Tuesday, January 05, 2010

Interesting argument on the backside of NM Watchdog.

Jim Scarantino has pointed to another batch of "errors" in the dispersion of billions and billions of tax dollars, link.

A reader has taken him to task for not digging to the bottom of the story; suggesting that Scarantino, before reporting on the smoke, needs to find the fire.

Is it really the responsibility of the least powerful, to hold the most powerful accountable? It isn't like Scarantino can just hit a button and find the truth. It isn't like he can ask any legitimate question of a politician or public servant, and then expect a candid, forthright, and honest answer.

In practice, finding the truth in government is rarely straightforward. It often requires filing suit in order to retrieve information hidden for no real justification at all.

Count me among those who believe, if a citizen points to a problem in government; any incompetence or corruption, it is the responsibility of government to dig to the bottom of the problem and report the truth to stakeholders, and not the responsibility of the citizen to play against a deck stacked in favor of those with something to hide, if only their own incompetence.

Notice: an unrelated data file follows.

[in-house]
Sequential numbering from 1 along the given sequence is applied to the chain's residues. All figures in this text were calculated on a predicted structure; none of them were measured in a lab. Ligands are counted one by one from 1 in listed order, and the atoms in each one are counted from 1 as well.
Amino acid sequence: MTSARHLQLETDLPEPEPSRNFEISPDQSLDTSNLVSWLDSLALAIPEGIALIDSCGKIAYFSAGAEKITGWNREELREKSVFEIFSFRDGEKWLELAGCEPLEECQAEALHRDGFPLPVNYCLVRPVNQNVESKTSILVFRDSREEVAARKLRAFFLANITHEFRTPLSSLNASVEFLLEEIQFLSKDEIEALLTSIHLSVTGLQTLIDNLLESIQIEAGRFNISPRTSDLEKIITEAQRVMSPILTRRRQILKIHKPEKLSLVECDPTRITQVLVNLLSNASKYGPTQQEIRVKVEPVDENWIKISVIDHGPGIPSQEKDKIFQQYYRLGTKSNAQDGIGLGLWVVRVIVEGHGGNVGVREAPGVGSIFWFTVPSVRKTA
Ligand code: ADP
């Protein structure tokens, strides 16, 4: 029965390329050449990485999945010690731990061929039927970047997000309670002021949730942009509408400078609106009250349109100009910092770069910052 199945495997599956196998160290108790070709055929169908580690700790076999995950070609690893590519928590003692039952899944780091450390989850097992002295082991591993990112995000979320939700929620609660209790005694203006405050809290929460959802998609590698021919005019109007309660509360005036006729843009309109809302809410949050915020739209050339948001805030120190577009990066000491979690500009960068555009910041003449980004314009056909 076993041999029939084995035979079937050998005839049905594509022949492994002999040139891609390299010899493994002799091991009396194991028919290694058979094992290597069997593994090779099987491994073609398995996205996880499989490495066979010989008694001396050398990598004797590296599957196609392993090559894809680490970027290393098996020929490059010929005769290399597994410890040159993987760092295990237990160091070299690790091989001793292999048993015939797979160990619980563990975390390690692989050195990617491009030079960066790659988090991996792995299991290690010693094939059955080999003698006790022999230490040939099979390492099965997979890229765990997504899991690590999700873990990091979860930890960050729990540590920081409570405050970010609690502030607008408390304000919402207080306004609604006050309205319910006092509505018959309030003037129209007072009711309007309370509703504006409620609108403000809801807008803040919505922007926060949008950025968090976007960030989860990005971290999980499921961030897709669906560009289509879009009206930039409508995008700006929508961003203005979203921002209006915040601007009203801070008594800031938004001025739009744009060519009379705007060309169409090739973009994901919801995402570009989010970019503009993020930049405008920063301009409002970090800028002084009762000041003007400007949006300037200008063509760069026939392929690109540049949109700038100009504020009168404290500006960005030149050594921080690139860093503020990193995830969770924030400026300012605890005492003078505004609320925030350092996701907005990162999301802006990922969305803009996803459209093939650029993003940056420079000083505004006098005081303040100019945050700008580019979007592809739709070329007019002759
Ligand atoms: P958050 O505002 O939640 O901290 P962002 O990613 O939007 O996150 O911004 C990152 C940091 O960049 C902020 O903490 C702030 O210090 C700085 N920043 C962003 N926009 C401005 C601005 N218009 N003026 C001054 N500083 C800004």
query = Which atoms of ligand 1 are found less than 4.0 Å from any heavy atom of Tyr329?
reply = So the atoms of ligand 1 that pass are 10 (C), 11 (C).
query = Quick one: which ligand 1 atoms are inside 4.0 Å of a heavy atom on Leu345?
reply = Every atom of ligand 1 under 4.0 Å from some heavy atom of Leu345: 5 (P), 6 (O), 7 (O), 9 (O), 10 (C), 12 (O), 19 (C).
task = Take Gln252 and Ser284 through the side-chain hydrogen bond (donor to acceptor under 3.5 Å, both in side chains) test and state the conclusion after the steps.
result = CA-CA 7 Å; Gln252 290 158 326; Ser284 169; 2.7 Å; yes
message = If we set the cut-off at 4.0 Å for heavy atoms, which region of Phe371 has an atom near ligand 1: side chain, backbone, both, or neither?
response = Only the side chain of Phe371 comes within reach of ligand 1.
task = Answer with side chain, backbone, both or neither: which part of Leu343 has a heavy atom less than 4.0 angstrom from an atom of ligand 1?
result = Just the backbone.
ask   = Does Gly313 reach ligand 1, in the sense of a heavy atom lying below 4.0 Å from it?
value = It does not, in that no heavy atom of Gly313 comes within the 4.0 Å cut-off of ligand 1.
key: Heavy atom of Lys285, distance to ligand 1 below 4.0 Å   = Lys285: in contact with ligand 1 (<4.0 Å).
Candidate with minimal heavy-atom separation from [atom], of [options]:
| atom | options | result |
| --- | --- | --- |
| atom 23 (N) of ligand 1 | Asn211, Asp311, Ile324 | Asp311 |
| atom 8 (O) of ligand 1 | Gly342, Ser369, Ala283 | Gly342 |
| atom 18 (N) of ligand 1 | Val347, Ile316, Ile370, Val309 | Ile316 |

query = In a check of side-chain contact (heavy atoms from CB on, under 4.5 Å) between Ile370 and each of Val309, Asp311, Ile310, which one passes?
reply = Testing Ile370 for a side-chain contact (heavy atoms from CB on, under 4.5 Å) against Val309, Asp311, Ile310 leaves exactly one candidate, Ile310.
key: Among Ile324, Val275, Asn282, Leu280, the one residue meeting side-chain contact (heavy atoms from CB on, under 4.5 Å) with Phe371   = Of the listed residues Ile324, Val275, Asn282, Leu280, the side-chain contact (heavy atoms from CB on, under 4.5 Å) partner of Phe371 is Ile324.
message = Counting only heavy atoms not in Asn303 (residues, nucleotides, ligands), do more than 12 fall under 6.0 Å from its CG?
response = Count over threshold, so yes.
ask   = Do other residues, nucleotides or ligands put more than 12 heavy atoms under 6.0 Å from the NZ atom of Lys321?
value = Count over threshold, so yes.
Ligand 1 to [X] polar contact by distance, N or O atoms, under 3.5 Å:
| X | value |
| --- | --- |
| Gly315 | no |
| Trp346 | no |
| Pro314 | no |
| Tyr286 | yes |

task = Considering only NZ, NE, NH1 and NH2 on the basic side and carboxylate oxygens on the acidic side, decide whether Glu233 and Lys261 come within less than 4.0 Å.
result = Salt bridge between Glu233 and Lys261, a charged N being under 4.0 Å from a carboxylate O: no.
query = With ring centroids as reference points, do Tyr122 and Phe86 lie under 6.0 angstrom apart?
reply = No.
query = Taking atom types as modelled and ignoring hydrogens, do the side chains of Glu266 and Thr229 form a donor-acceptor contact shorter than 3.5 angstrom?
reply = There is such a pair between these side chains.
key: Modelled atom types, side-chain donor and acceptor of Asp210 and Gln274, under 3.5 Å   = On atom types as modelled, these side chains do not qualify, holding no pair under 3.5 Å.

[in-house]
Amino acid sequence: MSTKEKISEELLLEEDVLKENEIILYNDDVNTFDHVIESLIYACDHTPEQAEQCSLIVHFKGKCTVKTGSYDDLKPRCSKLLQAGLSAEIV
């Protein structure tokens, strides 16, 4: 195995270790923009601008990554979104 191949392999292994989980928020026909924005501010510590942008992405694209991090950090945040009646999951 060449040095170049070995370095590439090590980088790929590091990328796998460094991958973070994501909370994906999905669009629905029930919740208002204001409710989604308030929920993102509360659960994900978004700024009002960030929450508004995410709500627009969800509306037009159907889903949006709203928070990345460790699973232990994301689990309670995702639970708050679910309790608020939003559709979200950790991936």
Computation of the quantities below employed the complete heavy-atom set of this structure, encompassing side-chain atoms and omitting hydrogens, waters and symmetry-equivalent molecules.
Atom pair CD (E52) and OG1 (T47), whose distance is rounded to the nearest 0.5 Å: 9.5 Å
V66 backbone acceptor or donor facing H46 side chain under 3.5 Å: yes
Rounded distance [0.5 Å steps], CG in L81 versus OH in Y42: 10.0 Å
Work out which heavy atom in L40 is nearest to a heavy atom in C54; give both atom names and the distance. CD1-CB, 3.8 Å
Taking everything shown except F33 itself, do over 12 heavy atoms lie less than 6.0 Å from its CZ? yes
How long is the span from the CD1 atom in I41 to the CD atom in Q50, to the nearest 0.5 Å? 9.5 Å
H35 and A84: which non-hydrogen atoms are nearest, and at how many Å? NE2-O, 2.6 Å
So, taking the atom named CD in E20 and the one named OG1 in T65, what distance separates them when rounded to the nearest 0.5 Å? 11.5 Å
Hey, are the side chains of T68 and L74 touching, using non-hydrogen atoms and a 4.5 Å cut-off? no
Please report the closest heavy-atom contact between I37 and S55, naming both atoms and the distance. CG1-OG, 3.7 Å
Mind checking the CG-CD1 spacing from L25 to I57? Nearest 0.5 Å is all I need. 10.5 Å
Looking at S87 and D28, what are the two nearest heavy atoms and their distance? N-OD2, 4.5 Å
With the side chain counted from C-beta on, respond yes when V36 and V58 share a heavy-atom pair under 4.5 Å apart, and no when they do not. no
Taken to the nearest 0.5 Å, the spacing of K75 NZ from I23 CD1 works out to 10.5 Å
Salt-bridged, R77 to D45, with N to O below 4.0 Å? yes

Jim Scarantino claims to be a "watch dog".
Yet there are those who would have him held accountable
for not being a "guard dog".

Both guard dogs and watch dogs bark to alert their owners of an intruder's presence and scare away the intruder. The watch dog's function ends here; a guard dog is capable of attacking or restraining the intruder. link

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